Re: Synergy & Problems in Florida
From: Marya S. Tipton (sundoggburgtimes.com)
Date: Wed, 9 Feb 2000 21:29:55 -0700 (MST)
Thanks, Sharon, for your valuable insight. That is one of the great things
about the cohousing network. We can all learn from past mistakes and
successes.


--
Marya Tipton
Hundredfold Farm
Orrtanna, PA
A Place to Grow!
Visit our website at http://users.desupernet.com/rhubarb

----------
>From: Sharon Villines <sharonvillines [at] prodigy.net>
>To: Multiple recipients of list <cohousing-l [at] freedom2.mtn.org>
>Subject: Synergy & Problems in Florida
>Date: Wed, Feb 9, 2000, 4:59 PM
>

> I would add a few more comments about the project in Florida. The project
> did not fail from lack of enthusiasm on the part of the core group or from
> lack of focus on recruitment or lack of good intentions or lack of sheer
> effort or lack of organization.
>
> Part of the problem was life in South Florida. Real estate here is
> incredibly cheap. Since it is one of the most rapidly growing areas of the
> country there are numerous housing developments--gated communities-- going
> up everywhere. They all have clubhouses and pools, etc., which on the
> surface seem to be very similar to cohousing. Of course they aren't but its
> a  hard sell.
>
> The area is also greatly dispersed. The site was in a small town north of
> Miami with not bad but not attractive schools. Other sites were considered
> closer to Miami but they all had some difficulty or another. it was hard to
> find people who wanted to move several towns away or commute further than
> they were already commuting. And all sites would have required that.
>
> When the process extends over several years, you lose people as fast as you
> attract them. Families have to make commitments to schools systems. Growing
> families need more bedrooms _now_, not at some indefinite time in the
> future. People are transferred or take jobs out of the area. Marriages break
> up. Marriages start. Life goes on.
>
> Professionals are essential from start to finish. Experienced professionals
> with track records--people who have done it before. Synergy was dealing with
> a variety of unassociated professionals who had not worked together
> previously and didn't even consult each other when they worked on Synergy.
> The architect for example did not talk to the construction manager. Synergy
> members were doing all the back and forth. One member with construction
> experience was hired by the group to do the leg work, but ti wasn't enough.
> The architects plans were almost a year late, were turned in with many
> defects that had to be corrected, and construction costs had risen in that
> time. The architect seemed to have no sense of the costs of his additions
> and went forward with his designs even when his engineers said he would have
> to add things like steel beams, doubling the costs. He did this without
> consulting us.
>
> Other professionals charged thousands of dollars and did nothing. And
> threatened law suits if they weren't paid. After Katy and Chuck did the
> initial design workshops, the local professionals just didn't produce.
>
> Even when people contribute their time for the advantage of getting
> experience it will hold you back. Inexperience means people have to learn
> and it will take twice as long. This will cost you families/households who
> cannot wait around indefinitely--like 5 years. Households willing to buy a
> unit are worth much more than you can ever save in professional fees.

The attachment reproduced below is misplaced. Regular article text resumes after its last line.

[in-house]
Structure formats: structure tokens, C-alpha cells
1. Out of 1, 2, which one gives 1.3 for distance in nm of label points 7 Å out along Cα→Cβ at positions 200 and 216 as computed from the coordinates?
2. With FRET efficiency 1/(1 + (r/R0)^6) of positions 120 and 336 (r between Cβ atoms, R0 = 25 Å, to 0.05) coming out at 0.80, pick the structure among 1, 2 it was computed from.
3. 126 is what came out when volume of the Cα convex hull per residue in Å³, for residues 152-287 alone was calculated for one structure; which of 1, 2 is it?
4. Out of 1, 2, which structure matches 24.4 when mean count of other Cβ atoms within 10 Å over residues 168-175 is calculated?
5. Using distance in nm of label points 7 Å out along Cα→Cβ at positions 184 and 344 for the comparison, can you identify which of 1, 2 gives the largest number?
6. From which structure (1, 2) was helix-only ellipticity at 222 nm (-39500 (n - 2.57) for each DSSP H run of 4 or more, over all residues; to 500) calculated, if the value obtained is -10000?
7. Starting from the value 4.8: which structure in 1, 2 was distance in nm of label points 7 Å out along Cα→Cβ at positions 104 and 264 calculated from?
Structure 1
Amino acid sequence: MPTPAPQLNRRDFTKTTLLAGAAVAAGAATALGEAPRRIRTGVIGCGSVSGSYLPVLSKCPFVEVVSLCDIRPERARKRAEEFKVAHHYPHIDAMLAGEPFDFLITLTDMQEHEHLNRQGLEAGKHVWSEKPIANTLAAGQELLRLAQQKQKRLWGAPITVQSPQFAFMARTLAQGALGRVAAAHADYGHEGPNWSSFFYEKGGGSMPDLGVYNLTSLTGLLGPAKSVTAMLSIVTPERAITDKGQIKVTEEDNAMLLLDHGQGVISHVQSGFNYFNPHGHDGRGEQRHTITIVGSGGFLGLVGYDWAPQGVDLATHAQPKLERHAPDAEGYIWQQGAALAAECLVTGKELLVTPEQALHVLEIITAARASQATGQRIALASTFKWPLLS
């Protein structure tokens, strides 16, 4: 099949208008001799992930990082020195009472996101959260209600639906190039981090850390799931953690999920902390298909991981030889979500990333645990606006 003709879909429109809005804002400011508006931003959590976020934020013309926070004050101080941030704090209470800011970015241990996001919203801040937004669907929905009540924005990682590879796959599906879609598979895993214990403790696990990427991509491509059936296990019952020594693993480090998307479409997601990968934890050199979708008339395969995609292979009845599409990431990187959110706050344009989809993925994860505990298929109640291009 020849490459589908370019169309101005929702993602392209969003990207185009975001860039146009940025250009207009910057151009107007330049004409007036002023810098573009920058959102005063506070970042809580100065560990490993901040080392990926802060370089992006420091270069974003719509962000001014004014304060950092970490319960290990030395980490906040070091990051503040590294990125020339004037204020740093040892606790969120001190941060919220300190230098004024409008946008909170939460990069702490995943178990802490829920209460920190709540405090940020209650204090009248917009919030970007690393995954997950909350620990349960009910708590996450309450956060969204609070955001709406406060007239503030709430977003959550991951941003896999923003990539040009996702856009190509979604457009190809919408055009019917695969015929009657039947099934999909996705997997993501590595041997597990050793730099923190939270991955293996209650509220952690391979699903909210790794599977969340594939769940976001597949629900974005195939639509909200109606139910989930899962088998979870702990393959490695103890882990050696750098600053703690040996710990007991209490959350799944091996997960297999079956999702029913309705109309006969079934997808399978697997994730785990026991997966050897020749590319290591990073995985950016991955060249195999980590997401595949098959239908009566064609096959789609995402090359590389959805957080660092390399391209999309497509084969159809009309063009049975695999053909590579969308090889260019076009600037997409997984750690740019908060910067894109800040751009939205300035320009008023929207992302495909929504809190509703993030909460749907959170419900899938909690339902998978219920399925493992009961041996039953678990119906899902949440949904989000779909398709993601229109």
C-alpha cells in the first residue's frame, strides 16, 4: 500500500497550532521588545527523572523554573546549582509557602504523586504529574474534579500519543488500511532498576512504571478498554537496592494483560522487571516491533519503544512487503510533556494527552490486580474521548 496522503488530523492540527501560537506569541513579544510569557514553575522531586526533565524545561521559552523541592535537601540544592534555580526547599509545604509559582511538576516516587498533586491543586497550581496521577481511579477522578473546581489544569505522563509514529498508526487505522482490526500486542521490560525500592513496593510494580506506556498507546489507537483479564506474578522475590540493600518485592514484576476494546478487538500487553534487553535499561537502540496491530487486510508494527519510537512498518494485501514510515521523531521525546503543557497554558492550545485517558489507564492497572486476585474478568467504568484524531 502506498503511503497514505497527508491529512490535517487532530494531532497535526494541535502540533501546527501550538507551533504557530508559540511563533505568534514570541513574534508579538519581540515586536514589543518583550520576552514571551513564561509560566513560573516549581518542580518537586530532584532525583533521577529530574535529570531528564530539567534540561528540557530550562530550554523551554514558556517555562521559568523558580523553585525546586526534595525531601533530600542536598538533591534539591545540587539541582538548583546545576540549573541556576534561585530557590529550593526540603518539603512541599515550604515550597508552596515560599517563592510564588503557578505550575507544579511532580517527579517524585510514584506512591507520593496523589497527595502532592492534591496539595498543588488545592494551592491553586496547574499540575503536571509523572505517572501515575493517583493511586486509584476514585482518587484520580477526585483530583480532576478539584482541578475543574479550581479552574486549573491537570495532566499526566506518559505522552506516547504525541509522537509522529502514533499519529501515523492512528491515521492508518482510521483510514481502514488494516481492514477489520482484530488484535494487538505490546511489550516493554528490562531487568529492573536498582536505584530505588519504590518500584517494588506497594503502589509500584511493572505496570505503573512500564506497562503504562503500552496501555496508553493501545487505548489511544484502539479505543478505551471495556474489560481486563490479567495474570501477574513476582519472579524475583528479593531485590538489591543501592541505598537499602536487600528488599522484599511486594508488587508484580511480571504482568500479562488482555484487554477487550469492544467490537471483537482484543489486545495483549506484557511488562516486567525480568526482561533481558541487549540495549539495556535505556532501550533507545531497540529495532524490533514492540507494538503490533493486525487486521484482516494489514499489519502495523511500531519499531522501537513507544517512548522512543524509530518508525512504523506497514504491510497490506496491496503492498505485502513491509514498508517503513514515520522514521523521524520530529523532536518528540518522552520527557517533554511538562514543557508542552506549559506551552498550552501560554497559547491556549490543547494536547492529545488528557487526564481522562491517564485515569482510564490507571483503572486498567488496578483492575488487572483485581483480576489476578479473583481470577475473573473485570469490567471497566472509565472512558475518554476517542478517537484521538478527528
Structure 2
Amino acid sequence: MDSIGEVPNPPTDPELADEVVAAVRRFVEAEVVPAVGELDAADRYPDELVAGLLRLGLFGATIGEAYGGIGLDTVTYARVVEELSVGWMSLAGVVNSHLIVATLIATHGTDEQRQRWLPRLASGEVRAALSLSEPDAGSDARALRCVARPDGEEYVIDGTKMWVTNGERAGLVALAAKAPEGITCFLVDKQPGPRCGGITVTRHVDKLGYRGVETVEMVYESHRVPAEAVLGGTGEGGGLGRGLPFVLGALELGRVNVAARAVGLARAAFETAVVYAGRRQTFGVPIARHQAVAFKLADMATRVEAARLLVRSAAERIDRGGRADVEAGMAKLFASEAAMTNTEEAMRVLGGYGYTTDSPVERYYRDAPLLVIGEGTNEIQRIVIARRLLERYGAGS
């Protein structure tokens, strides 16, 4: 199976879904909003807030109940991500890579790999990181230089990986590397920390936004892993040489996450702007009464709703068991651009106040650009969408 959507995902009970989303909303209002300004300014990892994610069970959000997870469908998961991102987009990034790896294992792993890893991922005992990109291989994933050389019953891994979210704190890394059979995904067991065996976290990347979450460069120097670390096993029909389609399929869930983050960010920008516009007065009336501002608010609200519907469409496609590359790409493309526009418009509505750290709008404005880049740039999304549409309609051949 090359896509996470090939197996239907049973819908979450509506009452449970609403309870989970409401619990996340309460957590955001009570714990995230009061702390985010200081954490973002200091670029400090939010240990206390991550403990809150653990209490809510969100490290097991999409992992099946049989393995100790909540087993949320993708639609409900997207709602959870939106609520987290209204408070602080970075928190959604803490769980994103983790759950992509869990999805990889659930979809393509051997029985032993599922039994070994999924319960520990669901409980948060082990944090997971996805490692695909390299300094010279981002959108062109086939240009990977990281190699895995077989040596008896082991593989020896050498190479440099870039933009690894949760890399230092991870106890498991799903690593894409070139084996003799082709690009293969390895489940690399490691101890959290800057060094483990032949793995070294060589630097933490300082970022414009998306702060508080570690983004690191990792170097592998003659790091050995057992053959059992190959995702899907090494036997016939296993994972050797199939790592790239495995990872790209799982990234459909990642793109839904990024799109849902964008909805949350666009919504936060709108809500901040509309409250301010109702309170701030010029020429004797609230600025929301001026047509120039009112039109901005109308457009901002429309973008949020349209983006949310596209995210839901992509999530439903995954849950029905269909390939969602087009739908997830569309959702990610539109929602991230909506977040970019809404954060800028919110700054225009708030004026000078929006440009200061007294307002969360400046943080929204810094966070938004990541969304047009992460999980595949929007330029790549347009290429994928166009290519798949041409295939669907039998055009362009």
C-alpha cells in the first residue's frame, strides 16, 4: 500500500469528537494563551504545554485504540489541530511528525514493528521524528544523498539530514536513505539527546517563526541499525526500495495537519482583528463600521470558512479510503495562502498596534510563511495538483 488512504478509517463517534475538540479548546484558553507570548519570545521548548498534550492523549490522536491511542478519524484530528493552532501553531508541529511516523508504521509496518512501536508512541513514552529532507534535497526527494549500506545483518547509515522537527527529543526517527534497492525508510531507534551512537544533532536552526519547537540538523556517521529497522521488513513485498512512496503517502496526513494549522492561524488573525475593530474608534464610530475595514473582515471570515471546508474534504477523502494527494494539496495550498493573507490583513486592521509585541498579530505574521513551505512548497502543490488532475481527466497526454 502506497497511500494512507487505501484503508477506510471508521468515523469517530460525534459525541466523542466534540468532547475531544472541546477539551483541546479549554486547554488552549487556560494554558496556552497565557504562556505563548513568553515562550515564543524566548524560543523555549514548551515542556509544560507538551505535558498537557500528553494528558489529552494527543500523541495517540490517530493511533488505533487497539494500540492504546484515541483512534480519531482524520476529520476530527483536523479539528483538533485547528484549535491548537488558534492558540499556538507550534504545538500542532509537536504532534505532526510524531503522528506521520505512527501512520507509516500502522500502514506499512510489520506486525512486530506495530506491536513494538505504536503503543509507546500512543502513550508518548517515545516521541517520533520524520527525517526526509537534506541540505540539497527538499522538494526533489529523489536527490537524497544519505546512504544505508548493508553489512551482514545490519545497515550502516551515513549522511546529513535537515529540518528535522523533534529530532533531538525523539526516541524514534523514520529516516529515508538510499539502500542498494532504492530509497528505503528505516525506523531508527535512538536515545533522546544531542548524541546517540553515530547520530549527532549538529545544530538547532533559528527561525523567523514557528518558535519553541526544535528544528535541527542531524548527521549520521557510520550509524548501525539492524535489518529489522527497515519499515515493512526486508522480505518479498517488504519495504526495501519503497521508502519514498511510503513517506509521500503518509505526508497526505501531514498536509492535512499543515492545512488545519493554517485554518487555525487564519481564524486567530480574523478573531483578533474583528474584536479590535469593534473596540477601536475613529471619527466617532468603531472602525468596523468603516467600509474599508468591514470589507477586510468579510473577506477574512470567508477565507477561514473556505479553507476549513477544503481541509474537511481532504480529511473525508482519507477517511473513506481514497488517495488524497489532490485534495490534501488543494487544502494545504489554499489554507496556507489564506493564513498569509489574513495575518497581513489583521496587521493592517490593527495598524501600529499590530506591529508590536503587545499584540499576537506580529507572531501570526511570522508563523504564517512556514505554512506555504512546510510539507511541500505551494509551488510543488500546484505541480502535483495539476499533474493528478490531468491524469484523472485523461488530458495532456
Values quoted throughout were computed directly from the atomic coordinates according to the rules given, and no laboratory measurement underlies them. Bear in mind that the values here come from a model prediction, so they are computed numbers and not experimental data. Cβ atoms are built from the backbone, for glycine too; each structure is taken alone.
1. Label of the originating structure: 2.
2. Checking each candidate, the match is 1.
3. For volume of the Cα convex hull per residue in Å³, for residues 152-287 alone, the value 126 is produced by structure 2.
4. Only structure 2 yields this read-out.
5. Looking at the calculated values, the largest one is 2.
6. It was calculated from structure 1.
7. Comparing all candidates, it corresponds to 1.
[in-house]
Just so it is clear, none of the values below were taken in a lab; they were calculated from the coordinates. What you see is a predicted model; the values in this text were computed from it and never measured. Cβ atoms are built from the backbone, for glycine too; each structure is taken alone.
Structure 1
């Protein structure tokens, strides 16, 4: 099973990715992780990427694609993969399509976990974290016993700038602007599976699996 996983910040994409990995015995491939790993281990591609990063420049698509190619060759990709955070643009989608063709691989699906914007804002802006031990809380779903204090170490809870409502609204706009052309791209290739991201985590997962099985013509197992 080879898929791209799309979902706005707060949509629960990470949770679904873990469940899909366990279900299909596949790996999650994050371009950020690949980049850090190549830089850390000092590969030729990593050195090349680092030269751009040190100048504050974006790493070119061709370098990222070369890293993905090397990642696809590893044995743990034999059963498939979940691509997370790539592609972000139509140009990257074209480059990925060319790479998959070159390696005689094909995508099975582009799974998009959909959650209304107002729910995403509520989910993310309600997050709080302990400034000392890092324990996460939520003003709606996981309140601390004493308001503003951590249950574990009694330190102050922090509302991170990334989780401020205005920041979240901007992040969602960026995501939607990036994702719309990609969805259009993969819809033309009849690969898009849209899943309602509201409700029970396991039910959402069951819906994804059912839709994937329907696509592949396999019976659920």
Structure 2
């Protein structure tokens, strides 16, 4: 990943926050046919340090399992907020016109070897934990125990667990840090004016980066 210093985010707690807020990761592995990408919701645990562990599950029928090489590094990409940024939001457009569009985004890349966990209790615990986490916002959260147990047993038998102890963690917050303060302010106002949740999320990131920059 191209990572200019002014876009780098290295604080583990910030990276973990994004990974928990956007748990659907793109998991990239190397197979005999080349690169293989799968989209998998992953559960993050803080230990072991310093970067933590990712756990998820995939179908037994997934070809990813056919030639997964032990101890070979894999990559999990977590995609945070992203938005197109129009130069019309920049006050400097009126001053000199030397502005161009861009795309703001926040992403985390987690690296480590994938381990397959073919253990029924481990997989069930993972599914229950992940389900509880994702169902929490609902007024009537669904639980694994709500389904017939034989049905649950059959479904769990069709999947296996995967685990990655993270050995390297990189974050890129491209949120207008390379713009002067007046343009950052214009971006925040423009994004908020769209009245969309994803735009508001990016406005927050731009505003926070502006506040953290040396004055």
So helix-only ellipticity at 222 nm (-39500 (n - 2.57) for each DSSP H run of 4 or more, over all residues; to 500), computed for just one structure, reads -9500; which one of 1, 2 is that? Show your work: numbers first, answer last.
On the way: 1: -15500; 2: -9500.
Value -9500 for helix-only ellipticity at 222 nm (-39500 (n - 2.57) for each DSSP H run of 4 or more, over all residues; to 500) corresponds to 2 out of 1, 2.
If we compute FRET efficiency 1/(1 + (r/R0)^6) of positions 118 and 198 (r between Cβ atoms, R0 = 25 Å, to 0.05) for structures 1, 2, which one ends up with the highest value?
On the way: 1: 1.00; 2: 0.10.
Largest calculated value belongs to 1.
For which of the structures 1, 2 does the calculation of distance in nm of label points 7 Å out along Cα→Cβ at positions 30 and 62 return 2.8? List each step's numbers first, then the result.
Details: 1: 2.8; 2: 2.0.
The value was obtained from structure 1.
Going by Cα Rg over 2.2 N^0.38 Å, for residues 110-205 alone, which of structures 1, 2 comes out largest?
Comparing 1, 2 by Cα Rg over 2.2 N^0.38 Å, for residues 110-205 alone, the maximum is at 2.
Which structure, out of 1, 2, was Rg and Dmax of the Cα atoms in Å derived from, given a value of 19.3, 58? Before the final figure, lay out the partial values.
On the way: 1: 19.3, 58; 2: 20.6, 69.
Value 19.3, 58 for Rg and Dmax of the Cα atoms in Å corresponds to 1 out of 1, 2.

>
> Synergy was a fabulous project in concept and in design. That was also part
> of the problem. People who are interested in cohousing are also interested
> in affordable housing. Environmental and innovative designs are not cheap.
> They are less expensive down the line, but few people have the funds to pay
> for tomorrow today. The money isn't there.
>
> The difference between the Synergy experience and the Takoma Village
> experience is like night and day. Takoma has a developer who works with
> other professionals with whom he has established working relationships. He
> hasn't done cohousing before but he has done numerous multi family
> developments. He can tell the design team what will work and what won't and
> why. He has architects and construction managers he can consult in a
> telephone call. The people who work with him know they have to produce on a
> time schedule or they will not only lose this project but future ones.
>
> For example, huge savings were achieved by selling units on a general floor
> plan and not doing the expensive working drawings until most of the units
> were sold. This allowed Takoma to change the mix of units without redoing
> tens of thousands of dollars of working drawings (requiring re-engineering,
> etc.). When the two-story, two-bedroom units were not selling, they were
> changed to the two-bedroom flats people wanted. Money was not invested in
> engineering before the place was ready to be engineered.
>
> Competition in construction is very high. The margins are very narrow. Time
> is money. Professionals don't have time to spend educating and hand holding
> the inexperienced. And the inexperienced don't know what questions to ask to
> avoid problems. An experienced developer is essential. It doesn't  mean less
> work for the group--the Takoma people meet once a week in business meetings
> and at least once in committee meetings. All decisions go through the
> group--gas or real fireplaces? Open or closed kitchen? On and on. But the
> project will be built and occupied in less than two years.
>
>
> Sharon
> --
> Sharon Villines, Butler
> The MacGuffin Guide to Mystery Fiction
> http://www.macguffin.net
> Takoma Village Cohousing, Washington, DC
> http://www.home.earthlink.net/~takomavillag/
>
>
>
> 

Results generated by Tiger Technologies Web hosting using MHonArc.